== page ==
Gun Control Activists Outraged Over CA Magazine Ban Decision

AP Photo/Rich Pedroncelli

With last week’s court decision to repeal California’s magazine ban, gun rights activists rejoiced. The decision decisively smacked down the state’s magazine limit on pretty much every level imaginable, leaving little room for the Ninth Circuit to overturn the decision. It was a thing of beauty for our side, to be sure.

However, it seems the gun control zealots are a bit miffed about it.

Gun control advocates expected U.S. District Court Judge Roger T. Benitez’ ruling striking downa California initiative restricting the size of firearm magazines. But they didn’t anticipate the way he did it.

In a fiery 86-page decision released last week, Benitez — appointed to the bench by George W. Bush in 2003 — cited a number of burglary-homicides where he said the amount of ammunition available made the difference between life and death.

He said high-capacity ammunition magazines are protected by a Second Amendment drafted by “colonists who cherished individual freedom more than the subservient security of a British ruler.”

Supporters of California’s law, which voters approved in 2016 as Proposition 63, were startled by the tone of Benitez’s ruling.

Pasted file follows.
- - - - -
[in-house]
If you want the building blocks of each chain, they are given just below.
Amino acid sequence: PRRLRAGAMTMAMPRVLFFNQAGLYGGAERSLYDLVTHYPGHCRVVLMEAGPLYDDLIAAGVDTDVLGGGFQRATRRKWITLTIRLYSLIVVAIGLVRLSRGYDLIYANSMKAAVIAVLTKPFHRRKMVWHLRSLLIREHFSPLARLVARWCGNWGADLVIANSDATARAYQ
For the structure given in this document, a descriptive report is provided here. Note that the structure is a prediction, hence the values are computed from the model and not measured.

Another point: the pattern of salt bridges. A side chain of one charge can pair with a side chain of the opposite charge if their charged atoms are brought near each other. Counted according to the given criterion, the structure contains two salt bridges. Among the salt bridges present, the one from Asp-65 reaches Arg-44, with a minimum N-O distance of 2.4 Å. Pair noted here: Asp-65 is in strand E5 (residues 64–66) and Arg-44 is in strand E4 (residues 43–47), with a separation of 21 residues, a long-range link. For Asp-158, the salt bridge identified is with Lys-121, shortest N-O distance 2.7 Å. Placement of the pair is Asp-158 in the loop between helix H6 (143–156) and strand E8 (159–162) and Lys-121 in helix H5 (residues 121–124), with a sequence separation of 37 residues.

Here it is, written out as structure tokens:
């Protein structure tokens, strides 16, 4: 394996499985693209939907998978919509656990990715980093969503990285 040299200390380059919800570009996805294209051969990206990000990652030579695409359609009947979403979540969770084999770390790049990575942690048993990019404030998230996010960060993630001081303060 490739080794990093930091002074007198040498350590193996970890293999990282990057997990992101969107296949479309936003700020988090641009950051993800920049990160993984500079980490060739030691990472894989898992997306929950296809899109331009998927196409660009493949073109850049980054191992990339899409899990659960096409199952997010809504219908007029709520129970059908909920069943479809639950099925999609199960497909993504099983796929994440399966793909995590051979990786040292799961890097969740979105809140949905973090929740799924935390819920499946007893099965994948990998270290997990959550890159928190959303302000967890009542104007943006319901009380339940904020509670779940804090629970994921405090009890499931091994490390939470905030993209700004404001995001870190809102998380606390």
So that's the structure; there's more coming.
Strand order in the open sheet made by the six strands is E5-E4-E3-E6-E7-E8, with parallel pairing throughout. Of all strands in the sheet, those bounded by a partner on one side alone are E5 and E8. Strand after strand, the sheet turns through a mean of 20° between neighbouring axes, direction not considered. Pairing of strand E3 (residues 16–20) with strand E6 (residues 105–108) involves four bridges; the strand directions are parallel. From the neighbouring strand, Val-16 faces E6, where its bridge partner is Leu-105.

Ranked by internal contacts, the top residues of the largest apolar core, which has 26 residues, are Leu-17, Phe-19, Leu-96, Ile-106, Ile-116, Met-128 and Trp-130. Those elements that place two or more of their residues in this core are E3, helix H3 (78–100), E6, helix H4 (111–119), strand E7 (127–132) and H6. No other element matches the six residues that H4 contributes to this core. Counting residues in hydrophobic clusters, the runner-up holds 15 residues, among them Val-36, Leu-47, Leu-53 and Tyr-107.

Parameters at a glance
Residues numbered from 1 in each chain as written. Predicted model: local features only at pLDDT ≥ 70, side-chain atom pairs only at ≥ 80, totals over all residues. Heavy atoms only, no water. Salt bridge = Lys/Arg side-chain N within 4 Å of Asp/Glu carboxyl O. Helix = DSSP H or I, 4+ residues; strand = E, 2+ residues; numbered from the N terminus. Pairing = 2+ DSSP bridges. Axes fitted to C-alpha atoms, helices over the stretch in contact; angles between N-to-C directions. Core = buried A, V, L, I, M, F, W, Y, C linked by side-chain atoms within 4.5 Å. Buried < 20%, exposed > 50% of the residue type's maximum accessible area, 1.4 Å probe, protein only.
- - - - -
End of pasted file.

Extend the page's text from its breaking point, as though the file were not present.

“This opinion is not normal,” said Ari Freilich, California legislative affairs director for the Giffords Law Center to Prevent Gun Violence, which filed a brief in support of the magazine ban.

In his ruling, Benitez dissected some of the state of California’s evidence, including a Mother Jones magazine report on the epidemic of mass shootings in the United States. He critiqued the magazine’s descriptions of California shootings and questioned whether restrictions on magazine capacity would have stopped a shooter.

“Mass shootings are tragic. But they are rare events,” Benitez wrote.

Feilich’s organization was founded by former Rep. Gabby Giffords, who was nearly killed in an Arizona mass shooting on Jan. 8, 2011.

“We profoundly and deeply disagree” with Benitez, said Freilich.

Of course, Freilich doesn’t counter with anything other than feelings and anecdote.

Giffords was, of course, seriously wounded in a mass shooting. Others were shot, and some were killed in that same event. It was awful.

But, as Judge Benitez notes, it was rare.

Mass shootings–as most people think of them, not how the FBI defines mass killings–only account for a tiny fraction of a percent of the total number of shootings every year. Those events are rare enough that if they disappeared completely from the American landscape, our crime rates wouldn’t even notice.

I’m not surprised that Giffords doesn’t want that discussed. I’m not surprised they want to disagree without providing any actual substance for doing so. They don’t provide any substance because they can’t. It just doesn’t exist.

Magazine bans don’t make anyone safer. They never have. California’s magazine limit didn’t prevent Thousand Oaks from happening, after all.

Giffords, however, has no answer for that. For all their talk of not wanting to destroy the Second Amendment, they have yet to offer a single proposal that doesn’t chip away at the Constitution in some regard. It’s their entire reason for being.

What they’re truly upset about, what they think is “not normal” in Benitez’s decision, is that the good judge upheld the Constitution of the United States of America.